Controlled agriculture environment on the rise


Growing food indoors has been trending for several years, and some farmers are weighing the benefits of moving production indoors.

Innovations in greenhouse and vertical farming operations were discussed at the 2019 Virginia Smart Farming Conference. Keynote speaker Dr. Neil Mattson of Cornell University shared research and information about controlled environment agriculture businesses.

Controlled environment agriculture is an innovative method of growing plants by creating an optimized aerial and root zone environment and focusing on production benefits. The merits of producing foods in a controlled environment include high plant quality, predictable crop timing and consistently available quantity with limited environmental impact. Many operations use hydroponics—growing plants without soil and using a mineral nutrient solution in a water solvent.

According to the 2014 U.S. Department of Agriculture Census of Horticultural Specialties, the top crops grown under protection include tomatoes, strawberries, peppers, lettuce, herbs and cucumbers. Tomatoes were grown the most in a controlled environment, with 96,265 tons; of that amount, 82,797 tons were produced hydroponically. Cucumbers were the second-largest crop at 36,310 tons produced and 33,101 produced hydroponically.

Mattson said there were 37 stacked plant facilities and rooftop greenhouses in the United States in 2017. Stacking indicates the plants, usually shorter crops, are grown in multiple layers stacked one above another.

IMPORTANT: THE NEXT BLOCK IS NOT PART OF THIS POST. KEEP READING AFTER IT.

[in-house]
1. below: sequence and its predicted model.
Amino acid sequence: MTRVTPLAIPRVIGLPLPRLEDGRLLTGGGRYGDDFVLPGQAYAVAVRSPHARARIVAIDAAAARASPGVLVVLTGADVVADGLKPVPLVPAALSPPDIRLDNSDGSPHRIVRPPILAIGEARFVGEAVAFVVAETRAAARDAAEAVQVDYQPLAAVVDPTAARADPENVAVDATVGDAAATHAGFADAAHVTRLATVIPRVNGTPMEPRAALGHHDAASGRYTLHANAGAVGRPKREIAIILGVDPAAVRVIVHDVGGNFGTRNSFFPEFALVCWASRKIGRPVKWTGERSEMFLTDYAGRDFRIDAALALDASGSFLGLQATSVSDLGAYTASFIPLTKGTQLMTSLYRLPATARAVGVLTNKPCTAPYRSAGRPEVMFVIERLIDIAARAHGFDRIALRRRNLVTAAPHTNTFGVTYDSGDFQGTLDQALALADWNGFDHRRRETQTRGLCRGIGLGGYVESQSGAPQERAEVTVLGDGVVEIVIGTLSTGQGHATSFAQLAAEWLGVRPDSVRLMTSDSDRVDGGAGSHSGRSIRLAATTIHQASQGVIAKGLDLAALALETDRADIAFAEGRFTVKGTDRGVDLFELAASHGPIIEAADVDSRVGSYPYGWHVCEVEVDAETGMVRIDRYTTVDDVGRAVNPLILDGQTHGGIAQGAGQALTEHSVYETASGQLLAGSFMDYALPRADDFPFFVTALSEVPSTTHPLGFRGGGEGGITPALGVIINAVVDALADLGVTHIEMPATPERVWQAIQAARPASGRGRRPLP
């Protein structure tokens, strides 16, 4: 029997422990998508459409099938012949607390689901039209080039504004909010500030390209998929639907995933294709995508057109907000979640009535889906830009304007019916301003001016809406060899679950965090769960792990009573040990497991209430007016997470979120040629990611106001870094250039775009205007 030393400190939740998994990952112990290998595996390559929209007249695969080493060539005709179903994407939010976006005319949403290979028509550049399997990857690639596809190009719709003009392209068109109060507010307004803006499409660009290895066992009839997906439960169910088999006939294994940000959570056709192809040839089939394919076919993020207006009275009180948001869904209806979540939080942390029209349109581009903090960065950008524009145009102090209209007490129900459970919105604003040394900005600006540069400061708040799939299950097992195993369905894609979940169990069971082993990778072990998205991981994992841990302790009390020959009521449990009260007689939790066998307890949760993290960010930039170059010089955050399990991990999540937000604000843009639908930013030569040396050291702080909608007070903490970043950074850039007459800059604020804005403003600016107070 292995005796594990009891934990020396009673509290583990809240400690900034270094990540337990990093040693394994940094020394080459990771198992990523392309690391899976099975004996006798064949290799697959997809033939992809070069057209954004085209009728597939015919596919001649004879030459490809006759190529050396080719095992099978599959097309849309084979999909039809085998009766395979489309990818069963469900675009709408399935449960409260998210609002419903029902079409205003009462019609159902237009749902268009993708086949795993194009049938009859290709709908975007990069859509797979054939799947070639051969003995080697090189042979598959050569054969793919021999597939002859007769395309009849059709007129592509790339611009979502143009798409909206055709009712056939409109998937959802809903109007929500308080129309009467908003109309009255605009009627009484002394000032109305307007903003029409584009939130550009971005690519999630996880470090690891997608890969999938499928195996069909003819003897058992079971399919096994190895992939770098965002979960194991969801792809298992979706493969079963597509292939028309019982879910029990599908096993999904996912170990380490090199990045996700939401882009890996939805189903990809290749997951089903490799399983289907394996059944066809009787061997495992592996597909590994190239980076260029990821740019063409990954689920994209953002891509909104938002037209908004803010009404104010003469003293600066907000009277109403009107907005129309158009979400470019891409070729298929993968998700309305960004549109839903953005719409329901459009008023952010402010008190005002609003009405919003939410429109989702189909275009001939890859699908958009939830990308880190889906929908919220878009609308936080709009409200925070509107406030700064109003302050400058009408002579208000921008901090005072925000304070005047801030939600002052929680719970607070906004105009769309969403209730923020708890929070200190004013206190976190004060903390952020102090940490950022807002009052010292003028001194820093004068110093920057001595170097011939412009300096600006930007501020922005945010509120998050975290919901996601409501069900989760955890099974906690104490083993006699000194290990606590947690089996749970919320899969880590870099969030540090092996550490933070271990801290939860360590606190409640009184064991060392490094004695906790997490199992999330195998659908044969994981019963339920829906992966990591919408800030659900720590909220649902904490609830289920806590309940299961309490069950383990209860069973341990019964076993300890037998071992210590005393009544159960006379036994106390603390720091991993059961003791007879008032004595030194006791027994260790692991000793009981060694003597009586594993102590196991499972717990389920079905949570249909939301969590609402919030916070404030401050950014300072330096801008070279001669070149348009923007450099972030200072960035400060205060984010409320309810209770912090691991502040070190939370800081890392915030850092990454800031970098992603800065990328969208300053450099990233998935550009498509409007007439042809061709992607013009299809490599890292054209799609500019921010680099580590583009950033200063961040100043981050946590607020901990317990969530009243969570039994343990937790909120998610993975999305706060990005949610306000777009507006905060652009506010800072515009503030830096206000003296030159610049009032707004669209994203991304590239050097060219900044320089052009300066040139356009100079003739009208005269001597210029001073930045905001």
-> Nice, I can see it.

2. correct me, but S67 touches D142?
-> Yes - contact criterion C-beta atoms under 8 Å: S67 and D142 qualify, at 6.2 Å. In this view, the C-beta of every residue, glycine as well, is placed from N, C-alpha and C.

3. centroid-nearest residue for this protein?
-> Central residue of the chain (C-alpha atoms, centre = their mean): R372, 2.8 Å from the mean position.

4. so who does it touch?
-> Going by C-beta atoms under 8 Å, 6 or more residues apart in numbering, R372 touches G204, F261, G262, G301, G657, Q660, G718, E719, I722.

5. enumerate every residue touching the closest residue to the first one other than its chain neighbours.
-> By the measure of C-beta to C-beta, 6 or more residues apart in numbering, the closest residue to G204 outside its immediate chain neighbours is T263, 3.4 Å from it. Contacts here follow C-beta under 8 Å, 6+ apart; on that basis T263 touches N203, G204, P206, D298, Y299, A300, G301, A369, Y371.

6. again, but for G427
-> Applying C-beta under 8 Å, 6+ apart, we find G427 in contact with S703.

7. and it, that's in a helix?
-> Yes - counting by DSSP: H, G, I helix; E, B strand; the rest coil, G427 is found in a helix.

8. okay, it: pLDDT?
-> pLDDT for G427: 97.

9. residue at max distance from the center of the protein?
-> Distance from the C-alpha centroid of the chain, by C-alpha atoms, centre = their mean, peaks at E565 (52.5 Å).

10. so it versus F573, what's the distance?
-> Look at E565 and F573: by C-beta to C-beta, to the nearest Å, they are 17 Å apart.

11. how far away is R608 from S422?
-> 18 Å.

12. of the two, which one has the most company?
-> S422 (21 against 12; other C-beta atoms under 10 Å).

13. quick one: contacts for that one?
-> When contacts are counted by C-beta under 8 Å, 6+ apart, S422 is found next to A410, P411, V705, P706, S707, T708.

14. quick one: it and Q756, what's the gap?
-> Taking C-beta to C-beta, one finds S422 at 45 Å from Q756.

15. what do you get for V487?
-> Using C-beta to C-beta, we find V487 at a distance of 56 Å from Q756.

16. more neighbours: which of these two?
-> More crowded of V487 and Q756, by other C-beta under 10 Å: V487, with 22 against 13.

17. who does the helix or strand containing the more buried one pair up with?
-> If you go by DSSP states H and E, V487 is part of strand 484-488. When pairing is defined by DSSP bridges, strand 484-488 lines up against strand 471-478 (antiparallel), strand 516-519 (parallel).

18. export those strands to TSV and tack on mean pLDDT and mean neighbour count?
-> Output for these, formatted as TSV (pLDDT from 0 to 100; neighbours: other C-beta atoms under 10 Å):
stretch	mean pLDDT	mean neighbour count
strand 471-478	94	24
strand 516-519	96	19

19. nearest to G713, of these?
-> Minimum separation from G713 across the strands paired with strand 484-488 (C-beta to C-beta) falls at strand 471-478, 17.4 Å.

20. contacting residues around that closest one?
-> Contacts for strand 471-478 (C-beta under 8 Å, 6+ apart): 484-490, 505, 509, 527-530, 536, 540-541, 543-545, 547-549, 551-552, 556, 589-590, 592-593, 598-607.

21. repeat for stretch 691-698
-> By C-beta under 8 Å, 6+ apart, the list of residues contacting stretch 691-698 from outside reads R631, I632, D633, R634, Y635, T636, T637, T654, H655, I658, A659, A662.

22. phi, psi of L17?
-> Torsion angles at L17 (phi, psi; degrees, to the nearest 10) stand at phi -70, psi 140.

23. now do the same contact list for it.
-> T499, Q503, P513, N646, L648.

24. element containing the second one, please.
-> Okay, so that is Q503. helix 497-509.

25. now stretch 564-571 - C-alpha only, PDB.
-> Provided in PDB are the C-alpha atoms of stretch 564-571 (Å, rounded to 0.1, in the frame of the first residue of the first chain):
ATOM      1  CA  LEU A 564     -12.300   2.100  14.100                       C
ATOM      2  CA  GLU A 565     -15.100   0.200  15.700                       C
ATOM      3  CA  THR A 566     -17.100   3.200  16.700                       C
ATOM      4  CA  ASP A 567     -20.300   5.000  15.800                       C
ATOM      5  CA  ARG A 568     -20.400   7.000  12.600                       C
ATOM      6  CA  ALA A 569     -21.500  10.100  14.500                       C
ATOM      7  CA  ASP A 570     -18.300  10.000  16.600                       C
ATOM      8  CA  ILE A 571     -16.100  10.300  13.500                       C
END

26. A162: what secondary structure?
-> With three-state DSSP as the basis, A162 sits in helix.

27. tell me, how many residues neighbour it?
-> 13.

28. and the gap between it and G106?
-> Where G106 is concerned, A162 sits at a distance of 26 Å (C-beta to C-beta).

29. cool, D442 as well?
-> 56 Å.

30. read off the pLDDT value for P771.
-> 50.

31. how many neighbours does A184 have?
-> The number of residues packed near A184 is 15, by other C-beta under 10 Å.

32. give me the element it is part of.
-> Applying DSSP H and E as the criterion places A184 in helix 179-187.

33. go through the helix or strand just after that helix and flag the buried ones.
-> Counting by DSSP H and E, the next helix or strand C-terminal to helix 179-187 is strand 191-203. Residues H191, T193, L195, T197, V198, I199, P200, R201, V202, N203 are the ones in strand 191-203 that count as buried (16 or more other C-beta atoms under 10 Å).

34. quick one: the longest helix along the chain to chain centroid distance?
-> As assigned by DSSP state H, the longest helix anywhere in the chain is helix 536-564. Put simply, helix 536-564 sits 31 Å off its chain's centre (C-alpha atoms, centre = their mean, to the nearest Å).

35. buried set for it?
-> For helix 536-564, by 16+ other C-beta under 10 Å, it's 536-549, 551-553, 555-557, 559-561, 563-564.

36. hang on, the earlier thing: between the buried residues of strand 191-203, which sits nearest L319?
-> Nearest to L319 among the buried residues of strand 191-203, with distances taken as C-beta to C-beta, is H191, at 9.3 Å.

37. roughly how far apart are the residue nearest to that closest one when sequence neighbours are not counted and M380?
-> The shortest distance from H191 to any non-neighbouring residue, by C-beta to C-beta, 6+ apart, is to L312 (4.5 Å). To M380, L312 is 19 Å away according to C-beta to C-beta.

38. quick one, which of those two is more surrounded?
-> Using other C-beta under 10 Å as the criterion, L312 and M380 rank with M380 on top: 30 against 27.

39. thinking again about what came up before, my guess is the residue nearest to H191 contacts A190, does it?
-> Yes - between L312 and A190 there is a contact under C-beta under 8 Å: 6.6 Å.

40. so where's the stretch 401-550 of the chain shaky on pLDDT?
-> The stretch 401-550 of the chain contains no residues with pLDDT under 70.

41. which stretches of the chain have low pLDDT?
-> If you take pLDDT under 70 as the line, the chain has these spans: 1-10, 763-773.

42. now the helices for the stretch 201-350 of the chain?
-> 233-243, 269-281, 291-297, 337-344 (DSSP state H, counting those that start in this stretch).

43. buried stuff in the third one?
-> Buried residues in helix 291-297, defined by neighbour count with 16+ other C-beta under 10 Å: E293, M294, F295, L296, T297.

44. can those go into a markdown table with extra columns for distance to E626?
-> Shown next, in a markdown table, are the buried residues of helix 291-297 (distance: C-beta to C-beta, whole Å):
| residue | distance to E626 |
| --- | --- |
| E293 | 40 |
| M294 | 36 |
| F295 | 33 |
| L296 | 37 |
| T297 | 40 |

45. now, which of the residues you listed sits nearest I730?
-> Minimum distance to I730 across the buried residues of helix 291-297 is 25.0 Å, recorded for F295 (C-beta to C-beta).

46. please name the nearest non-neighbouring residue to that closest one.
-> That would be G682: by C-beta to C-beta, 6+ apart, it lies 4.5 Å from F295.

While there are benefits to growing in a controlled environment, barriers also exist. “Accessing capital and the high up-front costs of getting started are the biggest barriers to overcome, because this is still somewhat new,” Mattson explained. It can be hard to show realistic business models, he added.

Accessing the market also can be tricky because “consumers are well-served by the conventional market,” Mattson said. “You need to show value to the table to get produce buyers to buy these crops.”

He said the energy required to grow the crops, and the labor force needed, can be daunting. “It’s a different type of labor,” Mattson said. “The sheer numbers for harvesting, packaging and educating growers to optimize production systems and push production” can be challenging.

Jerry Conner of Four Oaks Farms in Franklin County started a hydroponic greenhouse operation in 2012, planting the first seeds in April 2014. Four Oaks Farms grow lettuce and other leaf crops, including microgreens and herbs, as well as other vegetables. Conner sells produce at farmers’ markets and to area schools.

He said hydroponic operations require significant capital investment; computer, electrical, mechanical and plumbing knowledge; and 100 percent commitment 24 hours a day, seven days a week. “Plants don’t take Christmas or Thanksgiving off or anything like that, so I classify it as a labor of love.”





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